Syd Barrett's "Golden Hair": James Joyce Set to Music
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Syd Barrett's "Golden Hair": James Joyce Set to Music

Syd Barrett's output includes a delicate version of a James Joyce poem set to music, for one of his greatest achievements.

Syd Barrett’s “Golden Hair”, from his first solo album The Madcap Laughs is a short James Joyce poem set to a simple musical accompaniment, making one of Barrett’s most perfectly formed and haunting songs. Unlike the fractured and bizarre lyrics that characterize most of the album, it is perfect in its focussed simplicity, a love lyric of classic beauty.

Joyce's Chamber Music

Joyce’s poem is from the 1907 collection Chamber Music, which contained 36 short lyric poems. This book is from the beginning of Joyce’s career, published when he was just 25 years old, and they are conventional and accesible, in stark contrast to his later work. Chamber Music has been subject to much less critical comment than Joyce’s later work. Joyce said that part of his idea in writing these poems was that they would be set to music, and some of them were set to music after their publication, such as poem XXXI, known as “Donnycarney”, arranged by Adolf Mann in 1910.

Barrett's Version of "Golden Hair"

Poem V, usually known as “Lean out of the Window” after its first line, is the poem Barrett adapted. It consists of 4 verses of 4 lines each, the lines very short so that the poem totals only some 58 words. The fourth verse is an altered version of the first verse, so there is very little material in the poem. Barrett made one significant change to the lyrics: in the final verse, insteading of repeating the phrase “Singing/ A merry air” from the first verse, he sings “Singing/ A midnight air”. Also, rather than Joyce’s “Goldenhair”, which confirms that this is the name by which he is referring to the object of the poem, Barrett separates the words into “Golden Hair”.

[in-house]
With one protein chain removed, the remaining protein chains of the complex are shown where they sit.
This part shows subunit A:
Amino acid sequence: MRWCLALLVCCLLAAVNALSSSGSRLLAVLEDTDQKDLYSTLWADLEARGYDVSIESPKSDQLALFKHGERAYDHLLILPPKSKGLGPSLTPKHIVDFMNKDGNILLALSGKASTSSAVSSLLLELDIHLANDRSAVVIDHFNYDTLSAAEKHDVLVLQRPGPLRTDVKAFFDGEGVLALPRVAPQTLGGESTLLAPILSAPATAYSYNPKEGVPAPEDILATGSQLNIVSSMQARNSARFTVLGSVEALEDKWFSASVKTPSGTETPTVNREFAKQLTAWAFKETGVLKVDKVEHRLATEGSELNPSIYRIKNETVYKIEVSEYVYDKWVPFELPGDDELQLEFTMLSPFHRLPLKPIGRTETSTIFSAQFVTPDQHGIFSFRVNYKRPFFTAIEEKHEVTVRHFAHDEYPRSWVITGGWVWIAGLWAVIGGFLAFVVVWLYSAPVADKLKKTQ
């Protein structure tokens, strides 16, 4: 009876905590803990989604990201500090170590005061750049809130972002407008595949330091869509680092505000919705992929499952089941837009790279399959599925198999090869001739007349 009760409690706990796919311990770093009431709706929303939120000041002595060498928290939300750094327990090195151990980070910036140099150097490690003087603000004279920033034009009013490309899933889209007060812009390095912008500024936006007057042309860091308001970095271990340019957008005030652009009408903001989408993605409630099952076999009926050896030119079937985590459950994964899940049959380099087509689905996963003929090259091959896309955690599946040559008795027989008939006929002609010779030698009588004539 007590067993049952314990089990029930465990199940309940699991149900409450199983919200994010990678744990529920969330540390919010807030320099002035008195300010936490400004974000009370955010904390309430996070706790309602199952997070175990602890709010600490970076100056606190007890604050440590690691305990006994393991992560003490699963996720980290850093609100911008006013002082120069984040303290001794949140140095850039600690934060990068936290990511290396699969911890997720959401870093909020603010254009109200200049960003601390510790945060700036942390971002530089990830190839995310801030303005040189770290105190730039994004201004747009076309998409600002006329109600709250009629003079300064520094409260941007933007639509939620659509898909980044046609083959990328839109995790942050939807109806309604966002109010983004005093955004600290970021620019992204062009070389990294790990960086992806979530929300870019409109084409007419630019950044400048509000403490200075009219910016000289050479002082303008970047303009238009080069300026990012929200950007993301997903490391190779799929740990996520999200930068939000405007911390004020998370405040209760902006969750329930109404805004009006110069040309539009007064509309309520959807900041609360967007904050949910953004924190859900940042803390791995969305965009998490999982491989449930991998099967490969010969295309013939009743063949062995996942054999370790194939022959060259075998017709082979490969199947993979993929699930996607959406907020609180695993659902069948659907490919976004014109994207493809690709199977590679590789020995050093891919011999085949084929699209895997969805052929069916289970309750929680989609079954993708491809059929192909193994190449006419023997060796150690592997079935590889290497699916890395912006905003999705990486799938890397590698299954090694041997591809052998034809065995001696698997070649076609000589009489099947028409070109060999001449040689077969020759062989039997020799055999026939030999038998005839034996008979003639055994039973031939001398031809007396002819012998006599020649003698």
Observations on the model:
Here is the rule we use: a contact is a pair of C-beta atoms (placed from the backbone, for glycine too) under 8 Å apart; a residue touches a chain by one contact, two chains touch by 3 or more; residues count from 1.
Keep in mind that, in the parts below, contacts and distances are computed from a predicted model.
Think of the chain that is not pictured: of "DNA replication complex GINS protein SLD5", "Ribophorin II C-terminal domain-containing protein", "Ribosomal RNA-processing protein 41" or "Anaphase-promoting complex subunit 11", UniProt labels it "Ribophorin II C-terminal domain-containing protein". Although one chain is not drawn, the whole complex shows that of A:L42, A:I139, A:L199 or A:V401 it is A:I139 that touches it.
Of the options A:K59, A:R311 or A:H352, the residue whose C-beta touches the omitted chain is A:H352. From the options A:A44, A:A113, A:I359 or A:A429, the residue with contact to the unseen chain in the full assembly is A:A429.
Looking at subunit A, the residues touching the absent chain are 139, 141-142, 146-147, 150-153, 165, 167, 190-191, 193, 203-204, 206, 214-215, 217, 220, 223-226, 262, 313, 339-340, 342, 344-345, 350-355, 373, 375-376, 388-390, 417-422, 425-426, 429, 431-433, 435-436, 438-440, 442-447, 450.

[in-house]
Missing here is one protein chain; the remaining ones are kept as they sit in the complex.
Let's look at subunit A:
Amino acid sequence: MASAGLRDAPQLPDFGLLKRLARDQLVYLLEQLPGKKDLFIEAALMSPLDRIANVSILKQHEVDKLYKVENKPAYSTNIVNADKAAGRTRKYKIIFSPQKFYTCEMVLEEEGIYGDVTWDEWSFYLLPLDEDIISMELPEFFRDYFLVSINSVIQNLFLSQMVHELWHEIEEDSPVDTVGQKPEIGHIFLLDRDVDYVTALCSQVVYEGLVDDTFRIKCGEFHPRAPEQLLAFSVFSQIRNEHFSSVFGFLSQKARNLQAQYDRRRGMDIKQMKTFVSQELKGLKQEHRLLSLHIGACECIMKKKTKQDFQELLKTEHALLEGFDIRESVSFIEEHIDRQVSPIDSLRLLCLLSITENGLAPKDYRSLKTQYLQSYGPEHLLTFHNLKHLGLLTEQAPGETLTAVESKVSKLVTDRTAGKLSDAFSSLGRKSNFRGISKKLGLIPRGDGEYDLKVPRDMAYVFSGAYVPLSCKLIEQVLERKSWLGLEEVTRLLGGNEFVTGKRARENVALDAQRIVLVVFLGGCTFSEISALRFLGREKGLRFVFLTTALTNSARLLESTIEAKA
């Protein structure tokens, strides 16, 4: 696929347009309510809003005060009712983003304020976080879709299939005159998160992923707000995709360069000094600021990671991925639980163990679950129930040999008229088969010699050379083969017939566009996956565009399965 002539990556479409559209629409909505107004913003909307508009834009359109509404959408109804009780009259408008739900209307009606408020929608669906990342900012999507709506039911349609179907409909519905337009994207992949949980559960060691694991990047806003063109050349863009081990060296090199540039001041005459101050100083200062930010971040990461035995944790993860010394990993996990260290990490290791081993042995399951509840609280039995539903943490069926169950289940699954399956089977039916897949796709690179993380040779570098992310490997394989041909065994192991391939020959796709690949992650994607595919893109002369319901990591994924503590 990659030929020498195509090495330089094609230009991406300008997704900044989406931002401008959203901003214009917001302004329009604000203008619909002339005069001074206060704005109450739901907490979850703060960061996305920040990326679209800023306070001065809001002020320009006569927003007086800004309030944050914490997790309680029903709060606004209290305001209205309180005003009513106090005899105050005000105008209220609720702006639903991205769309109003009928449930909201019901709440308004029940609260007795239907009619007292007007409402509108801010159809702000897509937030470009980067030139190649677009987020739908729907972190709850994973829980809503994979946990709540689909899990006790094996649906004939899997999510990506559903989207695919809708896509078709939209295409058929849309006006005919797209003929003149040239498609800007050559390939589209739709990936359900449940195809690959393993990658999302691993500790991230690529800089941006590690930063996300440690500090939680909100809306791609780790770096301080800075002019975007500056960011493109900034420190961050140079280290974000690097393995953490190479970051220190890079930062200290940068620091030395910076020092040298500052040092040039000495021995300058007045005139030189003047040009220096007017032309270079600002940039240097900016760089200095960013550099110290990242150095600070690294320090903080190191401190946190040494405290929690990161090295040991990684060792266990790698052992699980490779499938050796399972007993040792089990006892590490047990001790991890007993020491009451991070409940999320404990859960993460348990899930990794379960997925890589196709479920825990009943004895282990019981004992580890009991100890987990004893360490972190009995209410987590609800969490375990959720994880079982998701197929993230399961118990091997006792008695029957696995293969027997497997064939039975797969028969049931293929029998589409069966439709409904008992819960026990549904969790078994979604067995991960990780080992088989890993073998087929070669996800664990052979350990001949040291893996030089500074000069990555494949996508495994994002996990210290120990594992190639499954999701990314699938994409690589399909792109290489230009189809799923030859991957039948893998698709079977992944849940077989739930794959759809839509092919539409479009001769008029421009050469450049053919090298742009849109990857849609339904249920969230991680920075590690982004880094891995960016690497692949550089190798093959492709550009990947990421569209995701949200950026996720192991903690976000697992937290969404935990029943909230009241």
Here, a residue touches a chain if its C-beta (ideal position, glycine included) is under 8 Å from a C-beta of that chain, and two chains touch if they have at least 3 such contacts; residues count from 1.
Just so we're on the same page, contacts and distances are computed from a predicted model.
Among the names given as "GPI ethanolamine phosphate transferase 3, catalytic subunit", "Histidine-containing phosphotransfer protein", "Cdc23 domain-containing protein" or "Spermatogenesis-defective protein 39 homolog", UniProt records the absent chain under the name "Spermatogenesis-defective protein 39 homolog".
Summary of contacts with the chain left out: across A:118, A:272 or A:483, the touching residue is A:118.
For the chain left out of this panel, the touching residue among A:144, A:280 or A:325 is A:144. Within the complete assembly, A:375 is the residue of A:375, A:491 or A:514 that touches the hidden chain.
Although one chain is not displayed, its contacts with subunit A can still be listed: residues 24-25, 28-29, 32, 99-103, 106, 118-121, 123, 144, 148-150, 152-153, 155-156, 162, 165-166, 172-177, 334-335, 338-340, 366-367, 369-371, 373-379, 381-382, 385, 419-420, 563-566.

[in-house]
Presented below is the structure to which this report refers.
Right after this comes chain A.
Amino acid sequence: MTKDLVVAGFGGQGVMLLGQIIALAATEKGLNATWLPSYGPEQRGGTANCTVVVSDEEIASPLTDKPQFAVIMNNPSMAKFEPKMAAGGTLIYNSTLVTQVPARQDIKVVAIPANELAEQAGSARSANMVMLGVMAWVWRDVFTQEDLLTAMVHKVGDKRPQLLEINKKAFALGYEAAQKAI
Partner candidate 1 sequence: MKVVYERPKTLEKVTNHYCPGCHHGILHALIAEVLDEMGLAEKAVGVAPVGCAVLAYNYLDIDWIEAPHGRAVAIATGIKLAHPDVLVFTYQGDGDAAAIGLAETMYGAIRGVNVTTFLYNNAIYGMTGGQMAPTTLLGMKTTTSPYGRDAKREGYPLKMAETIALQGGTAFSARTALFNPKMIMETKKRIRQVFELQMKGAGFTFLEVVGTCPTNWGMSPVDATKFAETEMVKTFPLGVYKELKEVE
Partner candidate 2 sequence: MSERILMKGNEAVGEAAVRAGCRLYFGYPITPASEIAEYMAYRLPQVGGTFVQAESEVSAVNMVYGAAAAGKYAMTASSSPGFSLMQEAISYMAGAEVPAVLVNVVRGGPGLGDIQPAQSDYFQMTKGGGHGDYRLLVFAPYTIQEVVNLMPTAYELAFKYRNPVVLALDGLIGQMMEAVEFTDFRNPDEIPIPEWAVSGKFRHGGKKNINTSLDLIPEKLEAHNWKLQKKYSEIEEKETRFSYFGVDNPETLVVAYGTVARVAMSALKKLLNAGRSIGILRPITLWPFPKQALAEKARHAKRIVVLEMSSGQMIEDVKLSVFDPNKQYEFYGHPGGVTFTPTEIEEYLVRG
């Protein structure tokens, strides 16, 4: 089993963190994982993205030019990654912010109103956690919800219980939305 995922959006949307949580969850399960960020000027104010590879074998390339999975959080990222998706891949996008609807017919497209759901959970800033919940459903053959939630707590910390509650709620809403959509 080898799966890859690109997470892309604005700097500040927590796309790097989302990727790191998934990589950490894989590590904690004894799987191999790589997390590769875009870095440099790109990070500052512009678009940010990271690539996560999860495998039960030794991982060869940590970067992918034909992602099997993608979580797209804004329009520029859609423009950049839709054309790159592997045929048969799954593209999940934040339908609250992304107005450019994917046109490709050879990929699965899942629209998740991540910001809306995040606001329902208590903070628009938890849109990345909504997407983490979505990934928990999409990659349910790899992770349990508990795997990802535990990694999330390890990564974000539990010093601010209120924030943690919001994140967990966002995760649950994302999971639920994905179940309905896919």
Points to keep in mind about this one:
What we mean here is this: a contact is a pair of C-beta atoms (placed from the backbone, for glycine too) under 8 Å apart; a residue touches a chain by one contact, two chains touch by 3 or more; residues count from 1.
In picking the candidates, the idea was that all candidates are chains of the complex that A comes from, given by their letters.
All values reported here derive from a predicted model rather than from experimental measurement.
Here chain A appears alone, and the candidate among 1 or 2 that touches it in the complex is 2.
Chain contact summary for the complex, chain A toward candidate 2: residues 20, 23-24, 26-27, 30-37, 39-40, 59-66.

Musically, Barrett plays a single guitar line throughout the less than 2 minutes of the song, using a pedal point of the open high E string to create a droning, hypnotic effect while the chord progression moves along the higher strings before settling on the home chord of A at the end of the line. An organ also plays a drone note, subtly and low in the mix. This aside, there is only some soft cymbal work. Syd’s guitar playing is tighter than usual, and the minimalism of the arrangement perfectly compliments the minimalism of the lyrics.

Syd performed multiple takes of “Golden Hair”, and put more work into its recording than most of his solo output. For his producer Peter Jenner, “’Golden Hair’ was the key song. That’s the song you would build an album around.” The album, The Madcap Laughs, sold poorly at the time, but soon a myth built up around Syd and his music, and grew through the 90s and 2000s until his death in 2006, and shows no signs of abating. Syd recorded no more music after the mid-70s and the rumours of mental breakdown from that time on only served to to make him more compelling to the general public. While much of his solo output is to oblique and far-out for many tastes, in “Golden Hair” he married an understatedly emotional approach to beauty of form, for one of his greatest achievements.

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